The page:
[Psychological approach to hyperemis gravidarum]

L Karpel, C de Gmeline
Journal de Gynécologie, Obstétrique et Biologie de la Reproduction 2004, 33 (7): 623-31

INTRODUCTION: Hyperemesis gravidarum is a phenomenon that concerns only 1 or 2% of pregnant women who require hospitalization if their anorectic behavior does not cease. The treatment consists in complete isolation, anti-vomit drugs and rehydration therapy.

OBJECTS: Isolation has been practiced existed since 1914, and is based on the belief that these women were simulating pain in order to obtain abortion. By isolating them from their family environment, the medical staff hopes this secret desire will be revealed. We tried to evaluate the reality of this analysis.

MATERIAL AND METHOD: Two psychological interviews were conducted by a questionnaire addressed to 23 pregnant women at the time of their hospitalization for hyperemesis gravidarum in a level 3 gynecology-obstetric unit. All patients were submitted to the described treatment.

RESULTS: Four groups were found. In the first group (n=6) women were submerged by a present and conscious conflict concerning their pregnancy, which found and easy solution. In the second group (n=7), the women had lost a pregnancy a short time before the present one. These patients were suffering from this loss and could not easily accept their new baby. The third group (n=6) concerned women who were afraid of a living a dramatic event that their mother had experienced in the past. This worry, held far from their consciousness, could be recalled during the interviews. In the last group (n=4), the women had passed through major difficulties in their relationship with their mothers during childhood. Becoming a mother themselves, they feared they would reproduce the same attitudes toward their own babies. Within this group, only one woman finally asked for an abortion that was performed.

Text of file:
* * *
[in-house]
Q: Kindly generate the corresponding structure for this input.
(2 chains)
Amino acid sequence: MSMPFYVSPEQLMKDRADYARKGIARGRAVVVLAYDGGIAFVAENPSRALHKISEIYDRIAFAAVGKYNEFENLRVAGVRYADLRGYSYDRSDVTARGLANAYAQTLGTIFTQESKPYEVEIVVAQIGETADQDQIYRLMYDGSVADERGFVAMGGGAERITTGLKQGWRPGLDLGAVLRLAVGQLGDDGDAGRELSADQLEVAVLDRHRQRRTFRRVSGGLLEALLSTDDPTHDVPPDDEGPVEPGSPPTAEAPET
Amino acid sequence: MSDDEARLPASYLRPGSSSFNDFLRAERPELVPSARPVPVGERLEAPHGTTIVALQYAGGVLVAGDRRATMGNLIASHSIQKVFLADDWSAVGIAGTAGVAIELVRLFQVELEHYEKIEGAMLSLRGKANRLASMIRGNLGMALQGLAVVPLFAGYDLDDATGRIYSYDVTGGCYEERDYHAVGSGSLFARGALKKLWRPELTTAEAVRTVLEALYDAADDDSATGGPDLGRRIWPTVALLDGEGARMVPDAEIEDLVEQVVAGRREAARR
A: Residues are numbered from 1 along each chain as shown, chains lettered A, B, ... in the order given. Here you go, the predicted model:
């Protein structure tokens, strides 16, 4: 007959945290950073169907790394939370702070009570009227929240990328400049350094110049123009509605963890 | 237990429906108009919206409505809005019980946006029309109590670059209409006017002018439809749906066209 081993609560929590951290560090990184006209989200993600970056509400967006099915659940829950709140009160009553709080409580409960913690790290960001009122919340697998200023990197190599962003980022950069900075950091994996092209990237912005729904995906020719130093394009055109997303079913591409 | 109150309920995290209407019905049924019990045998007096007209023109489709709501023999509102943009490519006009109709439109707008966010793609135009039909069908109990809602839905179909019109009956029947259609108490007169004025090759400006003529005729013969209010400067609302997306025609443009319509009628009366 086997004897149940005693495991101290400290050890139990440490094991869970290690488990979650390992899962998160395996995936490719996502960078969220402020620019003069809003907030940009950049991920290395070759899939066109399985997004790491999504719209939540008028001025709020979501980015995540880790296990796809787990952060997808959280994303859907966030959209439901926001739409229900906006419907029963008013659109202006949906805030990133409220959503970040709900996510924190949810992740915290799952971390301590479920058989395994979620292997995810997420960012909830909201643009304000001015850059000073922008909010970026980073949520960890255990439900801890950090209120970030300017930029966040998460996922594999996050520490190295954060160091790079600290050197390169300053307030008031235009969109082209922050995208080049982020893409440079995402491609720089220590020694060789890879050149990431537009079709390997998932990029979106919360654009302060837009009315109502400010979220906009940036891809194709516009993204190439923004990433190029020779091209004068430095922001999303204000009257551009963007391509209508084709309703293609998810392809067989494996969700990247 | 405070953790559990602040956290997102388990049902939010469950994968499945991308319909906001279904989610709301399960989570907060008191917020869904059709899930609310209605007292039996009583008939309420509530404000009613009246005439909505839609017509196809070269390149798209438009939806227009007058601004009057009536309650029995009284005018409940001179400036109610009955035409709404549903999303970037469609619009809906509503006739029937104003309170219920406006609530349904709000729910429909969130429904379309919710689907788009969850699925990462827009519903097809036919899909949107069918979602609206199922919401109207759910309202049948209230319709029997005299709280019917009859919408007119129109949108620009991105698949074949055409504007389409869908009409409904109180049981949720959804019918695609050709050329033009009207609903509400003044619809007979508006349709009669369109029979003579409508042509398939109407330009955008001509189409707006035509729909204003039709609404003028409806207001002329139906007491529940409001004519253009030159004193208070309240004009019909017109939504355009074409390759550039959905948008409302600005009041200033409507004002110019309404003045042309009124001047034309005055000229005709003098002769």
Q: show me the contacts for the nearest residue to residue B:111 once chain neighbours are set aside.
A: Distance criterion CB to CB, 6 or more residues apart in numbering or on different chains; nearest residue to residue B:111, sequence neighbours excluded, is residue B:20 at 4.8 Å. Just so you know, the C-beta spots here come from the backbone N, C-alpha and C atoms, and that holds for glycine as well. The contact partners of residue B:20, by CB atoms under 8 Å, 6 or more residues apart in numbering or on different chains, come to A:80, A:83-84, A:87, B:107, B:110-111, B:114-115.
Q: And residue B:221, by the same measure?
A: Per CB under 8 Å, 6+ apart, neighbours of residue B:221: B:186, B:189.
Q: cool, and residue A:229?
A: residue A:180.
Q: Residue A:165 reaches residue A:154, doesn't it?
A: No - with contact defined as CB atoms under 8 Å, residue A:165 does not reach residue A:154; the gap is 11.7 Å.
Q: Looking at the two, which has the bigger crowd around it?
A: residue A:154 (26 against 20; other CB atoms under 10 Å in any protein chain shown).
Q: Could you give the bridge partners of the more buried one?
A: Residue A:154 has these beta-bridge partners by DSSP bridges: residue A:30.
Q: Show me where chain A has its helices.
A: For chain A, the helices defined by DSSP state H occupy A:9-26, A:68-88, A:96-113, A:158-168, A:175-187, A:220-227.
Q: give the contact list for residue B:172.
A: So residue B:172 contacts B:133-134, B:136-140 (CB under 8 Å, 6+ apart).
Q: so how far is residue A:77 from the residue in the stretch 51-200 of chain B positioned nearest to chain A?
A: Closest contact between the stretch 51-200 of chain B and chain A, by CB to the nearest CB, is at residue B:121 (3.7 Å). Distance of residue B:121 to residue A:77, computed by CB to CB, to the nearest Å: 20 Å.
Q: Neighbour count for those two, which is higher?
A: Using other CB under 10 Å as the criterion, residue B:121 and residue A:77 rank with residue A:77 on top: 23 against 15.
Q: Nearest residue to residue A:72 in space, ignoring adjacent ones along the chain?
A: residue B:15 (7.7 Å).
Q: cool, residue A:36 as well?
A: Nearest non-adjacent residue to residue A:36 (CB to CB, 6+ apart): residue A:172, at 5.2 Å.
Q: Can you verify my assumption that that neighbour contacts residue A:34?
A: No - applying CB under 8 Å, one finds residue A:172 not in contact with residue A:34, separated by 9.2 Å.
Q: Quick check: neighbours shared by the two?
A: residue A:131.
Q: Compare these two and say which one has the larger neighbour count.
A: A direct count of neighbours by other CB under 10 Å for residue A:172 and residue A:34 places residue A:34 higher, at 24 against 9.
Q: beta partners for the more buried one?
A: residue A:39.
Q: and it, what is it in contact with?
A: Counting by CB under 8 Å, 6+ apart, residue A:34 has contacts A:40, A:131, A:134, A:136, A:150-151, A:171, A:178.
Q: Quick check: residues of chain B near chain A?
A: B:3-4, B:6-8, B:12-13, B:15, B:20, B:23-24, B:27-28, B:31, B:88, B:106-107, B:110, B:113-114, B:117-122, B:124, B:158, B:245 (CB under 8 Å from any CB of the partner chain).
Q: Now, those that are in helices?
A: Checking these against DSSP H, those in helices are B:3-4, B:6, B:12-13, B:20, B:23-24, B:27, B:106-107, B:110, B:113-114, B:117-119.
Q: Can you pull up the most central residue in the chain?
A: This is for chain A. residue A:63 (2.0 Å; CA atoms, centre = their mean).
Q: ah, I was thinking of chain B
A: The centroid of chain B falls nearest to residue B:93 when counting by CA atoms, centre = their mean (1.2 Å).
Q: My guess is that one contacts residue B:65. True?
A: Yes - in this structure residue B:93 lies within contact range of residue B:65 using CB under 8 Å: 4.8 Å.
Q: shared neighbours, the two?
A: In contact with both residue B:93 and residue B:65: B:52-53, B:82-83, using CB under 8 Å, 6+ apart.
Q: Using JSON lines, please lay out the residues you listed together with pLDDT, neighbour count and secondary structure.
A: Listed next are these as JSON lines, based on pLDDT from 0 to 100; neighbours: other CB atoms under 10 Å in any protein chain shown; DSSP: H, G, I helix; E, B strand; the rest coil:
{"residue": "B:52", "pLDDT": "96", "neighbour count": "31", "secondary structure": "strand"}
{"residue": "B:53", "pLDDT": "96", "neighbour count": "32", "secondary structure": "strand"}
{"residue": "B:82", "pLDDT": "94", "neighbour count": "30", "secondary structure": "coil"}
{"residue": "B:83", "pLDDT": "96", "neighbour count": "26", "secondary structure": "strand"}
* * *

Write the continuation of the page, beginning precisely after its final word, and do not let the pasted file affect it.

CONCLUSION: It would not appear that the patients have to be isolated for them to reveal their desire for abortion. Conversely, a psychological interview allows better understanding of the ambivalent attitudes of pregnant women and thus can be useful in avoiding systematic abortion.

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